It’s important to exercise one’s spirit


We live in a country and culture where physical exercise is a regular theme and some see it as a panacea for all ills. We are led to believe exercise is a most essential habit for a long and healthy life. 

It wasn’t always that way. In times past, people engaged in far more physical labor. They got all the physical exercise they needed on the farm or in the factory. If they went running or swimming, they did it more for relaxation and enjoyment than for exercise.

I’m also a product of the exercise age. But I’ve resisted the call to join a fitness club. 

There always seems to be enough exercise in my daily life and I try to keep it that way. These days it’s shoveling snow. When you live on a corner lot without a garage, there is plenty of exercise waiting (every morning, it seems), even if the neighbor helps with a snow blower. Then there’s seasonal mowing and leaf raking and gardening.

With today’s emphasis on physical health, if you’re a runner, you can run for any and every cause under the sun. There’s a race for every type of runner, young or old, male or female, fast or slow. Or if you get really serious, you could try a triathlon or become a titan and compete against others on television. 

All of my grandchildren are physically active, participating in one sport or another. One of my grandsons got a pair of 5-pound dumbbells for Christmas. There was also a punching bag for the basement. Maybe these gifts were intended as a help in his training for soccer. Or perhaps they were a subtle hint he spent too much time sitting at his computer. Whatever the reason, he was amazed when I picked up the dumbbells and started doing a couple dozen curls and then arm lifts. Little did he know I have some weightier ones in my bedroom, ready for duty when the blood needs to circulate.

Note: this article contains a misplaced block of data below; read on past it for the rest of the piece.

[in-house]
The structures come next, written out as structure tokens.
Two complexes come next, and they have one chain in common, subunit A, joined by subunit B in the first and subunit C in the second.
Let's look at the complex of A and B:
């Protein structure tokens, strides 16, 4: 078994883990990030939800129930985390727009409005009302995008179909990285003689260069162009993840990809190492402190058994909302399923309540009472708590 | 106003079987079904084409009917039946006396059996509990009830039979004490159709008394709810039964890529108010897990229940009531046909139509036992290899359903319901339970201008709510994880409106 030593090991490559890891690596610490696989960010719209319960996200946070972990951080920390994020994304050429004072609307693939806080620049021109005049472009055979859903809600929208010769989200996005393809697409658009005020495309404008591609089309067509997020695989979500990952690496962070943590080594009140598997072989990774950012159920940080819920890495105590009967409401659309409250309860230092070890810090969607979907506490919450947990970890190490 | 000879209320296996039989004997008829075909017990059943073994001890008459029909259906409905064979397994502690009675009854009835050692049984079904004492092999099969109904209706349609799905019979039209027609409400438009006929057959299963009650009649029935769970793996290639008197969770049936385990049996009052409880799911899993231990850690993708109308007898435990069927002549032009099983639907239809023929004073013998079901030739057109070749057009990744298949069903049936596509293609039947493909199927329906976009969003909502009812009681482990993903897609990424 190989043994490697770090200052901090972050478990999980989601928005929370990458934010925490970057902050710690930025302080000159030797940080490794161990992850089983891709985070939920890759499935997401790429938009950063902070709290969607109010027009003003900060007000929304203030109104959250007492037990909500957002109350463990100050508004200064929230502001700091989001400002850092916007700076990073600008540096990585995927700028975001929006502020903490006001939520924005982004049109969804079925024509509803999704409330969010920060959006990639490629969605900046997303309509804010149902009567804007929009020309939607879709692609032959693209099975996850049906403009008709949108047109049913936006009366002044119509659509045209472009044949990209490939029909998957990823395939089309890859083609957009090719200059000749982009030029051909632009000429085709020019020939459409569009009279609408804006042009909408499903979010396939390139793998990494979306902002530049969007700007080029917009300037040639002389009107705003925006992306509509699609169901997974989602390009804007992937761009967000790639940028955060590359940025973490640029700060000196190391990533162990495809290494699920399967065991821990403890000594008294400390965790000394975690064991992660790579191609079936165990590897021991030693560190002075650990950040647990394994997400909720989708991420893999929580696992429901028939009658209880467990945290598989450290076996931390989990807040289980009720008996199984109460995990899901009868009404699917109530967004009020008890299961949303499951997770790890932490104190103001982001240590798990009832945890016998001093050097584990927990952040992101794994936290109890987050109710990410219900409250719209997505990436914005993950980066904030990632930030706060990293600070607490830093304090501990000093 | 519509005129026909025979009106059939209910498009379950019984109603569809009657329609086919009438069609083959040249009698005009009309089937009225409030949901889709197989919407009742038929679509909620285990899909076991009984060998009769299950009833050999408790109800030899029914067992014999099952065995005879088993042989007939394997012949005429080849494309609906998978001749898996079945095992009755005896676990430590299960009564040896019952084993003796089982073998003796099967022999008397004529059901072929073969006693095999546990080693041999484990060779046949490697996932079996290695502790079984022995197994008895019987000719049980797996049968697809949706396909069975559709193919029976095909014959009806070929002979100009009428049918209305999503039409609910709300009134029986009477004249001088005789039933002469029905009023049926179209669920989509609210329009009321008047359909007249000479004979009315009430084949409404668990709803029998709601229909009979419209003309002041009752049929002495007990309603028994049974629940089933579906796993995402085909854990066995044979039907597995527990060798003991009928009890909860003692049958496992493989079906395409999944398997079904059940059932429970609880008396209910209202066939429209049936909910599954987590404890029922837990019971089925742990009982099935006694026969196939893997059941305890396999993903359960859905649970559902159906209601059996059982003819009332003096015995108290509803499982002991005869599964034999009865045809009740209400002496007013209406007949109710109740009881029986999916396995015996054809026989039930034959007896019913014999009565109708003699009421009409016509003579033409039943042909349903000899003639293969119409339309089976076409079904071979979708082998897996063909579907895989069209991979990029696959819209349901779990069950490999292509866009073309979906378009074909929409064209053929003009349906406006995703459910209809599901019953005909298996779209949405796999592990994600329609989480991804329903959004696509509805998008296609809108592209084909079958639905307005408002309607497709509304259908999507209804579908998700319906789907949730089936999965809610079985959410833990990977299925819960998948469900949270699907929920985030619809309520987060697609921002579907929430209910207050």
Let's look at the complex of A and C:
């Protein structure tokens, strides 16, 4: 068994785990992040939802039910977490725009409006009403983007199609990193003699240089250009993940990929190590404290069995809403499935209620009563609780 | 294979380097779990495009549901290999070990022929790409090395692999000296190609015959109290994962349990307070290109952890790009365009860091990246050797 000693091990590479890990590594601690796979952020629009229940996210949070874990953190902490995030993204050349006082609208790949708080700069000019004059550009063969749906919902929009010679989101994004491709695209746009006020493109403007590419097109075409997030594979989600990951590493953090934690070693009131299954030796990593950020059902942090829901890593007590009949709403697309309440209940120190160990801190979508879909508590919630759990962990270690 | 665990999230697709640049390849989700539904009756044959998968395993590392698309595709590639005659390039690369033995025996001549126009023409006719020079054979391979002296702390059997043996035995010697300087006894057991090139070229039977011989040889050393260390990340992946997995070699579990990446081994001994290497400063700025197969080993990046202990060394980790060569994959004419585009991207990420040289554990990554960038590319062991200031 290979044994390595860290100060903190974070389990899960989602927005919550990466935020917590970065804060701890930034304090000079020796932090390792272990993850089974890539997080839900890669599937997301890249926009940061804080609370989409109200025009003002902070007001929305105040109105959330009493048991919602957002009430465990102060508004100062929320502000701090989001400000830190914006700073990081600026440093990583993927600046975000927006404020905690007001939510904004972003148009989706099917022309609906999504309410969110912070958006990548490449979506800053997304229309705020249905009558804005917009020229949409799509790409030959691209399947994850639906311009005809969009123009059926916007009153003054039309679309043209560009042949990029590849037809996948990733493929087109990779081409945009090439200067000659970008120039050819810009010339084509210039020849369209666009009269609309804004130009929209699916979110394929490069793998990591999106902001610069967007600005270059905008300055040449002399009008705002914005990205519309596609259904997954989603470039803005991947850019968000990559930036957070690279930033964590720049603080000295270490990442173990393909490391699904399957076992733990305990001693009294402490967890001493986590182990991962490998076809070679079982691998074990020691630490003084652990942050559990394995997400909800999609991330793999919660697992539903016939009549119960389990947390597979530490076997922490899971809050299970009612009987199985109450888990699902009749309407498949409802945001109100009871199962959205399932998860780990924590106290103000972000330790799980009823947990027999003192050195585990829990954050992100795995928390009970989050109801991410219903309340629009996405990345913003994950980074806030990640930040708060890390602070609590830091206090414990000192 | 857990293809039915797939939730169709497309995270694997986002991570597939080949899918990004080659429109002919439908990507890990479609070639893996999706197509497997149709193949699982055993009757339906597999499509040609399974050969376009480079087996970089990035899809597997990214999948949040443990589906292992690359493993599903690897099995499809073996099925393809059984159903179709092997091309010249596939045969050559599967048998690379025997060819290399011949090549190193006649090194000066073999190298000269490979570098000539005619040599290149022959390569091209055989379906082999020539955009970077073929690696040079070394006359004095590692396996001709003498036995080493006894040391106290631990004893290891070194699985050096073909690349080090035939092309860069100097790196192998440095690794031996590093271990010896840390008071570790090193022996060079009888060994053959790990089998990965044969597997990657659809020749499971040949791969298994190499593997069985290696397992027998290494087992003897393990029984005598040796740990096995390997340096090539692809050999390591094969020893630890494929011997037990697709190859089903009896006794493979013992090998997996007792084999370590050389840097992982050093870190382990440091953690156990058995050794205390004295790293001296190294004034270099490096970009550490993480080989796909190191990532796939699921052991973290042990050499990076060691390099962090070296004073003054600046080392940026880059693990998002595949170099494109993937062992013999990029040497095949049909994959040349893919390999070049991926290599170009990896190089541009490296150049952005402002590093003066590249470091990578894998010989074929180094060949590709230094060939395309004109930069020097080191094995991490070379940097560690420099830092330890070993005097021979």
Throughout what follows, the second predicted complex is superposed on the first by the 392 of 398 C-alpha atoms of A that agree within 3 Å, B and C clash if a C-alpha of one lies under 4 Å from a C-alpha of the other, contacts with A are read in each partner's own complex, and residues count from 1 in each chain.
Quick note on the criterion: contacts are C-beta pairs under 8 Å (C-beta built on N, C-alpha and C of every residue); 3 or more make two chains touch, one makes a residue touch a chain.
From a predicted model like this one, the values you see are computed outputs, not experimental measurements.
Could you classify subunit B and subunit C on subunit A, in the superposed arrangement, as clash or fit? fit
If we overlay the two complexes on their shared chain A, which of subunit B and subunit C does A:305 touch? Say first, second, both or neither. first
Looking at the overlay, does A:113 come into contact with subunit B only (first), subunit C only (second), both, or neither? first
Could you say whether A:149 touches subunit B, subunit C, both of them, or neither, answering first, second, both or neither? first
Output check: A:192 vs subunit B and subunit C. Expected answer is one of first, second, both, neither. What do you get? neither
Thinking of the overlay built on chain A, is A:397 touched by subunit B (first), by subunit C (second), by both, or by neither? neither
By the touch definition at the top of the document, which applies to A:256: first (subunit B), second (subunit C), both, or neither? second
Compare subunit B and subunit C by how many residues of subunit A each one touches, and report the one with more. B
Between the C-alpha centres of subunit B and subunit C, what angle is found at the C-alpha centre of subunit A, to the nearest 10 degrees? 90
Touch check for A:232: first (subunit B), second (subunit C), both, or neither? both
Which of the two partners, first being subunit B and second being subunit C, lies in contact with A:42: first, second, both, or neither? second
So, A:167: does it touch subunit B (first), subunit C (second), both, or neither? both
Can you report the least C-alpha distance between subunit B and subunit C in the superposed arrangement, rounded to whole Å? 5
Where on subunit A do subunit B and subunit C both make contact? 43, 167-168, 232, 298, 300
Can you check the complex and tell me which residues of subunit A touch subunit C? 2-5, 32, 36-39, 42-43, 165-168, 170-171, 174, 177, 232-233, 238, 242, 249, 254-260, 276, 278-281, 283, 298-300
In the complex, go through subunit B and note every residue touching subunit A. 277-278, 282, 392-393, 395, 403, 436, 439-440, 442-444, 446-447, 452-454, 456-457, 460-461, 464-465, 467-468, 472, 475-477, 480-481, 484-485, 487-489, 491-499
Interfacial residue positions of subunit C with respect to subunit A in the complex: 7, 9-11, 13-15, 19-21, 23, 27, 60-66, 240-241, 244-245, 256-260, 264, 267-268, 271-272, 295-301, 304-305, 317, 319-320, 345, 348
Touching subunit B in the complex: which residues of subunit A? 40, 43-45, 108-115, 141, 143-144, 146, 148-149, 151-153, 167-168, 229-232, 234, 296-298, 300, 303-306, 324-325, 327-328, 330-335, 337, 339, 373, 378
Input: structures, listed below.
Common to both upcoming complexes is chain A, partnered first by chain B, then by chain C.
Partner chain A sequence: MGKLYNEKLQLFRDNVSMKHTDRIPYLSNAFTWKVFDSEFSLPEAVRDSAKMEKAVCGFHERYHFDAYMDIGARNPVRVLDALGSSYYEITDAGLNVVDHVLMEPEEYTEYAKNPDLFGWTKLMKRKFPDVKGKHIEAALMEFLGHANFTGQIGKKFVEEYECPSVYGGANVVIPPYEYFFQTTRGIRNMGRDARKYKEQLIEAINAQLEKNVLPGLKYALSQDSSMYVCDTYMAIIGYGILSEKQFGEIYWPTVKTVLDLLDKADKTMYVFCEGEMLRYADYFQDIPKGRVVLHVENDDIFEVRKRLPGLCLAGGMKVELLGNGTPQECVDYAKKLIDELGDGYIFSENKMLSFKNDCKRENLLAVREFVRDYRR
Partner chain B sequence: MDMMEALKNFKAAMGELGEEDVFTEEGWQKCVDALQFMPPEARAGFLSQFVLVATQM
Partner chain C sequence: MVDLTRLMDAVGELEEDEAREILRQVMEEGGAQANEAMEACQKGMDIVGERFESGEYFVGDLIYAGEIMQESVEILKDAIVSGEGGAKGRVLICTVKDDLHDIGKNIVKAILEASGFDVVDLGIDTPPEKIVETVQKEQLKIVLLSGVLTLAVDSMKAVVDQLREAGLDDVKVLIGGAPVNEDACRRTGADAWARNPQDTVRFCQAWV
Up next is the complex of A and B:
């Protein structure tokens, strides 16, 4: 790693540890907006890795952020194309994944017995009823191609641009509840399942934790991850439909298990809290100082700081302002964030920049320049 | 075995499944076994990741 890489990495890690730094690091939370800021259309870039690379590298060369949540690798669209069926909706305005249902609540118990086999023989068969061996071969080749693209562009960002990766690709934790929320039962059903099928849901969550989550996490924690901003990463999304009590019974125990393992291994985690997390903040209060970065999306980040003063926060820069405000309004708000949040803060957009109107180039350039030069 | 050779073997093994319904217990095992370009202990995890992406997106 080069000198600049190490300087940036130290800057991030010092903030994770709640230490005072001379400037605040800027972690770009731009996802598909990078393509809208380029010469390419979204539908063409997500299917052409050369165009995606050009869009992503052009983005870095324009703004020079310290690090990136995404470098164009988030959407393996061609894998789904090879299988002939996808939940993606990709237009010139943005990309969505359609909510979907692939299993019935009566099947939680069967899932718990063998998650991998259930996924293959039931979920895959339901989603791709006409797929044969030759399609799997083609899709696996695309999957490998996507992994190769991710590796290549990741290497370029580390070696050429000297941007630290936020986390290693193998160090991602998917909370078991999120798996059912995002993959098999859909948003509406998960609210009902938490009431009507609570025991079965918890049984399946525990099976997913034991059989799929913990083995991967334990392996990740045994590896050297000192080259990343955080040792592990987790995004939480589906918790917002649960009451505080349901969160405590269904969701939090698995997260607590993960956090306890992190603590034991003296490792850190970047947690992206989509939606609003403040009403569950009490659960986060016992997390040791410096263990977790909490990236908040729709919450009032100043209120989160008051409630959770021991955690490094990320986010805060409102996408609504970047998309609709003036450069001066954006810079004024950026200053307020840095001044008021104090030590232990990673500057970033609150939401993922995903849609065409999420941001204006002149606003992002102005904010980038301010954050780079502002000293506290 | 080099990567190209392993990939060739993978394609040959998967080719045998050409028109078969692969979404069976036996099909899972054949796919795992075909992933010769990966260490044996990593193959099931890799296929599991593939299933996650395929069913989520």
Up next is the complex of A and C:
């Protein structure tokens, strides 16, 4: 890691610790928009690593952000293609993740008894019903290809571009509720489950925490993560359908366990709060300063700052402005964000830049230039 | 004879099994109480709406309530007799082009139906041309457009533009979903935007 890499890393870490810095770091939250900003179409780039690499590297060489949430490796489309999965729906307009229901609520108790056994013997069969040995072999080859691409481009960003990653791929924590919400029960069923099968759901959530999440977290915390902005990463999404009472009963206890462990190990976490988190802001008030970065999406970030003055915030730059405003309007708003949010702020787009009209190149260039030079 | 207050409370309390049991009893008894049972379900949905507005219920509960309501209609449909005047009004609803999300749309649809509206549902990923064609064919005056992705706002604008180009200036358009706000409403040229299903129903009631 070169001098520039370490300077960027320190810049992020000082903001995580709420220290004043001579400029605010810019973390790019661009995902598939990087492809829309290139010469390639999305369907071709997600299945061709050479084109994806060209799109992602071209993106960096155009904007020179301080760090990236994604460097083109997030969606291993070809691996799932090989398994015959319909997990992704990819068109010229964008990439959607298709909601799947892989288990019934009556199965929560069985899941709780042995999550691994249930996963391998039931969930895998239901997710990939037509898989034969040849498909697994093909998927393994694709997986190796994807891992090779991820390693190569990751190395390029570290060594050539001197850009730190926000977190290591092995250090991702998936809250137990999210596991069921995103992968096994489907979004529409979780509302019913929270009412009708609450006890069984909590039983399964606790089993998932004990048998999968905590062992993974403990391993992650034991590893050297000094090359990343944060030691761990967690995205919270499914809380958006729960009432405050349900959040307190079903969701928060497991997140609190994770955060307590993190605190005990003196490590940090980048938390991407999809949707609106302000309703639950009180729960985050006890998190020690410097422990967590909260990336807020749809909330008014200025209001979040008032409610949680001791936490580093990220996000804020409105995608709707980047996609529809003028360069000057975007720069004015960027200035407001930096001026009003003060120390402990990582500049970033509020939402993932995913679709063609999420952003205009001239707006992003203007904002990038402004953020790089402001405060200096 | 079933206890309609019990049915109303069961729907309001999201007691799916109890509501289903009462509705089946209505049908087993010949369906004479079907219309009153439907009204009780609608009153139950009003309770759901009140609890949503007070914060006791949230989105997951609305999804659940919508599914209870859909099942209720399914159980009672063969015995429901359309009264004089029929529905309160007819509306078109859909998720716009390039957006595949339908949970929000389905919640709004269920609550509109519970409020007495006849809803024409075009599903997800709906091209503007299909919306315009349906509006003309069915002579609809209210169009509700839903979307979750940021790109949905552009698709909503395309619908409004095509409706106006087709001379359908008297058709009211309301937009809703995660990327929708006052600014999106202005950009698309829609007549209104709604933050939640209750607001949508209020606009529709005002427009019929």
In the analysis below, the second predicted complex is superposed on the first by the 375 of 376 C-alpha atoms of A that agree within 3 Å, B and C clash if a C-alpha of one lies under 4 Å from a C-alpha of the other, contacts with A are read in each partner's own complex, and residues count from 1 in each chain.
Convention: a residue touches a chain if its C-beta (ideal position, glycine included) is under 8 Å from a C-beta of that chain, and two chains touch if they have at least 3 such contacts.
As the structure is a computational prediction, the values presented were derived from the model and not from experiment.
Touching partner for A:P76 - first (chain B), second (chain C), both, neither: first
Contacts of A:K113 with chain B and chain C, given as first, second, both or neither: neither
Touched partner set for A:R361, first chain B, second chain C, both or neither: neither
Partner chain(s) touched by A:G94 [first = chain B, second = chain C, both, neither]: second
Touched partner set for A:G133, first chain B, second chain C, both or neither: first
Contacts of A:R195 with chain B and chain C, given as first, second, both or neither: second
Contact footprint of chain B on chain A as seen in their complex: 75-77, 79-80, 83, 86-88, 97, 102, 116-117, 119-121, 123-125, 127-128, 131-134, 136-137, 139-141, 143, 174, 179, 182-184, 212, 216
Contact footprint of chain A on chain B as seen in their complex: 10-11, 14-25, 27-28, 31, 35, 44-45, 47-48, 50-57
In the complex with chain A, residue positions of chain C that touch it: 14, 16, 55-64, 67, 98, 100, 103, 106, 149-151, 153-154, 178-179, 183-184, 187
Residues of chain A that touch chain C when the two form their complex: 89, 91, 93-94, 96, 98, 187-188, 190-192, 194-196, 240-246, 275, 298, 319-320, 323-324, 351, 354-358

We’re also told it’s not only the body that needs to be exercised, so does the mind. As one ages in our society, there is always growing anxiety about illnesses like dementia and Alzheimer’s. 

We’re told that a busy mind, exercised in serious ways, is one pathway to mental health. More and more elderly pass the time reading, doing crossword or jigsaw puzzles, playing Scrabble or Words With Friends. If the activities can be done with others, all the better. Social contact keeps the mind active. “Use it or lose it” becomes the mantra.

And what about the spirit? Doesn’t the human spirit need exercise as much as the body and the mind? And what does that spiritual exercise look like? How do we lift spiritual weights or play spiritual Scrabble?

Some would suggest traditional ways of deepening one’s spiritual life. One could develop a daily practice of prayer and meditation. One could do Lectio Divina, a traditional Benedictine practice of reading Scripture as alive. A friend called as I write this on his way to an eight day Ignatian retreat. One could immerse oneself in sacred music or regularly read about the prophets and saints. Or perhaps one experiences the presence of the Creator most in nature or wilderness, so one seeks out times of silence and solitude away from the daily distractions of life. 

These are all ways one can exercise the spirit. But we need to be careful we don’t separate the spirit from the rest of life. It’s all connected, physical, mental and spiritual. Some runners experience “runner’s high,” a spiritual state similar to the ecstatic experience of the Sufi dancer. When swimming, with the rhythmic breathing of a crawl stroke or breast stroke, I’ve experienced the same meditative state I do when sitting in meditation. The temporal moves toward the eternal.

The mental and spiritual are also connected. Reading “Animal Dreams” by Barbara Kingsolver last evening, one sentence made me stop and ponder for several minutes on a spiritual issue she raised. 

It made my mind dissolve into spirit. And our friends, family and community of faith, can stimulate our thinking in ways that leave us spiritually richer.

I have some doubts about the future of the Christian church. As more and more people say they are “spiritual” but not “religious,” as we find new language for the non-religious (the “nones”), we may need to recognize some exercise their spirituality in new and different ways than in church attendance. Spirit will flame out in the body and the mind, as all three are connected and make one whole. The life of the spirit cannot be suppressed.